"He did not know that his mother was still in New Orleans. And when we told him how ill she was he would have come to her then. It was as much as we could do to persuade him to wait until we had seen Monsieur de Carondelet. Mr. Ritchie and I came directly to town and saw his Excellency."

It was characteristic of the Vicomtesse that she told this almost with a man's brevity, that she omitted the stress and trouble and pain of it all. These things were done; the tact and skill and character of her who had accomplished them were not spoken of. The girl listened immovable, her lips parted and her eyes far away. Suddenly, with an awakening, she turned to Hélène.

"You did this!" she cried.

"Mr. Ritchie and I together," said the Vicomtesse.

Her next exclamation was an odd one, showing how the mind works at such a time.

"But his Excellency was having his siesta!" said Antoinette.

Again Hélène glanced at me, but I cannot be sure that she smiled.

"We thought the matter of sufficient importance to awake his Excellency," said Hélène.

"And his Excellency?" asked Antoinette. In that moment all three of us seemed to have forgotten the tragedy behind the wall.

"His Excellency thought so, too, when we had explained it sufficiently," Hélène answered.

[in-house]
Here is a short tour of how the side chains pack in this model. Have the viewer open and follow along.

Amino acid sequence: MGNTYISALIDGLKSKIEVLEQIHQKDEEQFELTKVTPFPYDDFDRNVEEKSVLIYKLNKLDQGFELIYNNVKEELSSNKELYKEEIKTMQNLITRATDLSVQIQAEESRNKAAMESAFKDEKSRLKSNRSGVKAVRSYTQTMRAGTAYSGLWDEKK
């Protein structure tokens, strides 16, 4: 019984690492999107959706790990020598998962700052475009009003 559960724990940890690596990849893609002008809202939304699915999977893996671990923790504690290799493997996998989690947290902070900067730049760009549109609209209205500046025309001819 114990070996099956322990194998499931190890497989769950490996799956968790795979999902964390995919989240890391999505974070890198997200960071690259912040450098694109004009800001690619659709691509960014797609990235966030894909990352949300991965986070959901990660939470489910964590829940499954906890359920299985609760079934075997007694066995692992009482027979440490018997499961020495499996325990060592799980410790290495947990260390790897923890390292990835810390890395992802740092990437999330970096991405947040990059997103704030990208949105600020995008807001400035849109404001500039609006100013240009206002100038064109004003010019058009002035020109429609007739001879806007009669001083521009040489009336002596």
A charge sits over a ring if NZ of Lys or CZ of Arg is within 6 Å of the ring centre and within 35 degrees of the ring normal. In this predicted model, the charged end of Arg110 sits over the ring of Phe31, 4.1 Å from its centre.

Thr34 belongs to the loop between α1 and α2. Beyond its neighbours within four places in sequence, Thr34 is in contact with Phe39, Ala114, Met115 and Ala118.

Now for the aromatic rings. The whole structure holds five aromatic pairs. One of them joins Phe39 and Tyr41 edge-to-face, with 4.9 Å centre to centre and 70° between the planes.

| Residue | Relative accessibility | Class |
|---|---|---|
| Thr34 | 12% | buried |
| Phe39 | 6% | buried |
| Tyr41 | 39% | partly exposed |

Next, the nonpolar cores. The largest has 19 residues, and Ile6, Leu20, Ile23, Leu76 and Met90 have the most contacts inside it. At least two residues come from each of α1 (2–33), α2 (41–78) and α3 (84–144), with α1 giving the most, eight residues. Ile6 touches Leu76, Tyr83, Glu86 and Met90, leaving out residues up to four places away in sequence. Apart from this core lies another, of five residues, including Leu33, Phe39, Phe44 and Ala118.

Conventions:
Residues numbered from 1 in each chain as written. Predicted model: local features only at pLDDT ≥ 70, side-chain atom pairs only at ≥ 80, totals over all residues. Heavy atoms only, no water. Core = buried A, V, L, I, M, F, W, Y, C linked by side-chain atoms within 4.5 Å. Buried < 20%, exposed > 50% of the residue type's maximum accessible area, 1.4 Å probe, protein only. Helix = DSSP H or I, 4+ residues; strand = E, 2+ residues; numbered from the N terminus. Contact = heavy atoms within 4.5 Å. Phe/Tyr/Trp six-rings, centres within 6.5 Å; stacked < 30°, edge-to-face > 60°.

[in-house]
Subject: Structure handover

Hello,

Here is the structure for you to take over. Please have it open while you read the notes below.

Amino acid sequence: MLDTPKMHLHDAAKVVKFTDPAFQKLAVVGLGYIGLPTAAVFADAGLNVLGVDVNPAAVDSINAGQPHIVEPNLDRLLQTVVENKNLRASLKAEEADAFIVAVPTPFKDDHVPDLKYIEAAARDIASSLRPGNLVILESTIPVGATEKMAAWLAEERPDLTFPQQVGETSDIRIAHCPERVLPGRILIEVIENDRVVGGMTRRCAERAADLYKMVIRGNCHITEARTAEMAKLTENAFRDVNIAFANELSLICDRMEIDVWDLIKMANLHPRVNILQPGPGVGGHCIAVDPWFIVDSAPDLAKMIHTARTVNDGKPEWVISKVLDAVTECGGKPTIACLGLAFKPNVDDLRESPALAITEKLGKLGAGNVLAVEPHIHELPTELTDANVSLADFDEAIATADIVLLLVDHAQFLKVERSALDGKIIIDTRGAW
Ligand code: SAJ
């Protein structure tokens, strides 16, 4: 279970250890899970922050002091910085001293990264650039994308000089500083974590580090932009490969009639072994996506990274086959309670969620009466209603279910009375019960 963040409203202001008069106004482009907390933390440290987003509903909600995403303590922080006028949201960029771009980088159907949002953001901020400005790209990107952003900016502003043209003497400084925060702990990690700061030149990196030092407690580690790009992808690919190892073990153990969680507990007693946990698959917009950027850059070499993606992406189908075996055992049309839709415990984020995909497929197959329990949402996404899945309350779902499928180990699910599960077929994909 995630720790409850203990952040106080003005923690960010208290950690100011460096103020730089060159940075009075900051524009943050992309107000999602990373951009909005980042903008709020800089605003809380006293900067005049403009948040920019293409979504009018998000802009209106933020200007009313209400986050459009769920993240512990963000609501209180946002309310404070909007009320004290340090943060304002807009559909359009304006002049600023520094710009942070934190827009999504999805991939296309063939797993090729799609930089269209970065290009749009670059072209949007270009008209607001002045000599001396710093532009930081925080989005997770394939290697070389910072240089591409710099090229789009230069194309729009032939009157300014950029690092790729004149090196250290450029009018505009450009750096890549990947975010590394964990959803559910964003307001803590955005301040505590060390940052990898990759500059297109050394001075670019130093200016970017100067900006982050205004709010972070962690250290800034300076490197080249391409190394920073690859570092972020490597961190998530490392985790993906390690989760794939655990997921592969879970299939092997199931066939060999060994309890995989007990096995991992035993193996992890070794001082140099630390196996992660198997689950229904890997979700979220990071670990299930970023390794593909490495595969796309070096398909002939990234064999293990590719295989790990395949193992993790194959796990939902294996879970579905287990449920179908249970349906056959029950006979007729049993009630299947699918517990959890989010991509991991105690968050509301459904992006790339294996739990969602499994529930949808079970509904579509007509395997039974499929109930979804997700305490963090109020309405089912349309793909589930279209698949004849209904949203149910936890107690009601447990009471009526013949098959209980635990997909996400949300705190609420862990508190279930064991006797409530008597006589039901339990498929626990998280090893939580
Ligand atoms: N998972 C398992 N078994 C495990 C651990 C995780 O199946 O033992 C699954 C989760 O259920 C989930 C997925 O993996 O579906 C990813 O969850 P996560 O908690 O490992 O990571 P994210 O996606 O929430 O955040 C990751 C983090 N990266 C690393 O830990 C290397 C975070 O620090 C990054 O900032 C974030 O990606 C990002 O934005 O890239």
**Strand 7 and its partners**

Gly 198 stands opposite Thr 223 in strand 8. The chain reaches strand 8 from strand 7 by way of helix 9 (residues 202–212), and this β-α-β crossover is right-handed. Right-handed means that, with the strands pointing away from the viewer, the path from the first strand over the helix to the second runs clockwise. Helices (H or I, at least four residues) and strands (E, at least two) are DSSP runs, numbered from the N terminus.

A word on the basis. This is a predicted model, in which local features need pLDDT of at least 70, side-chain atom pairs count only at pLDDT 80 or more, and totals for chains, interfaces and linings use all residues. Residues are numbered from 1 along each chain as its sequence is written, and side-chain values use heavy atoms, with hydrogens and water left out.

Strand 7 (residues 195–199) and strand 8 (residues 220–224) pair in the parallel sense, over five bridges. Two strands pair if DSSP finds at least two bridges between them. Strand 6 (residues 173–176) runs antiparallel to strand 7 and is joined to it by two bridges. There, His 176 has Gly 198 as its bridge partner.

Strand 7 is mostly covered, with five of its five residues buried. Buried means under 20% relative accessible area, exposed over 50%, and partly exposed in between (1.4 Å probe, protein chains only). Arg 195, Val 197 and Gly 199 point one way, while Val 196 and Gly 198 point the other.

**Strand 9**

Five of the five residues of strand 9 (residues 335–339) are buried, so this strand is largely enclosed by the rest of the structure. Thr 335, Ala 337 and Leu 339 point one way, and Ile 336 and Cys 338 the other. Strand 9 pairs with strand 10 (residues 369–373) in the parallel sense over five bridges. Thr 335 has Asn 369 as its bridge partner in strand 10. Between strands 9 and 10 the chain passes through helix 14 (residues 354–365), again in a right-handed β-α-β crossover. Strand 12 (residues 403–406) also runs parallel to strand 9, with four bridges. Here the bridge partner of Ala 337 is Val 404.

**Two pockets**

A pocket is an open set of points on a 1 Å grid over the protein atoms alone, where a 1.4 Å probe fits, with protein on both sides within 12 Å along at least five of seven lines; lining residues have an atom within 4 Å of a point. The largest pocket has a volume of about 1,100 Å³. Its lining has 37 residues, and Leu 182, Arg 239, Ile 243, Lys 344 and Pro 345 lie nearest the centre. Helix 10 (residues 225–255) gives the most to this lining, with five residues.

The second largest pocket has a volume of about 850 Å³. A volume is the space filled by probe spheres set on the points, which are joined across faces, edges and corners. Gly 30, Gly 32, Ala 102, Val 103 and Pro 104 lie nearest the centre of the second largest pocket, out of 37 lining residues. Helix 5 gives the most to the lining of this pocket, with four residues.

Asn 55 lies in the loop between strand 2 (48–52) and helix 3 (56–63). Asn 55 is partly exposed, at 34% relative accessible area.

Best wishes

The girl seemed suddenly to throw off the weight of her grief. She seized the hand of the Vicomtesse in both of her own.

"The Baron pardoned him?" she cried. "Tell me what his Excellency said. Why are you keeping it from me?"

"Hush, my dear," said the Vicomtesse. "Yes, he pardoned him. Mr. Temple was to have come to the city to-night with an officer. Mr. Ritchie and I came to this house together, and we found-"

"Yes, yes," said Antoinette.

"Mr. Ritchie wrote to Mr. Temple that his Excellency was to send for him to-night, but André told him of the fever, and he came here in the face of danger to see her before she died. He galloped past the sentry at the gate, and the Alcalde followed him from there."

"And came here to arrest him?" cried Antoinette. Before the Vicomtesse could prevent her she sprang from her chair, ran to the door, and was peering out into the darkness. "Is the Alcalde waiting?"

"No, no," said the Vicomtesse, gently bringing her back. "I wrote to his Excellency and we have his permission for Mr. Temple to remain here."

Suddenly Antoinette stopped in the middle of the floor, facing the candle, her hands clasped, her eyes wide with fear. We started, Hélène and I, as we looked at her.

"What is it, my dear?" said the Vicomtesse, laying a hand on her arm.

"He will take it," she said, "he will take the fever."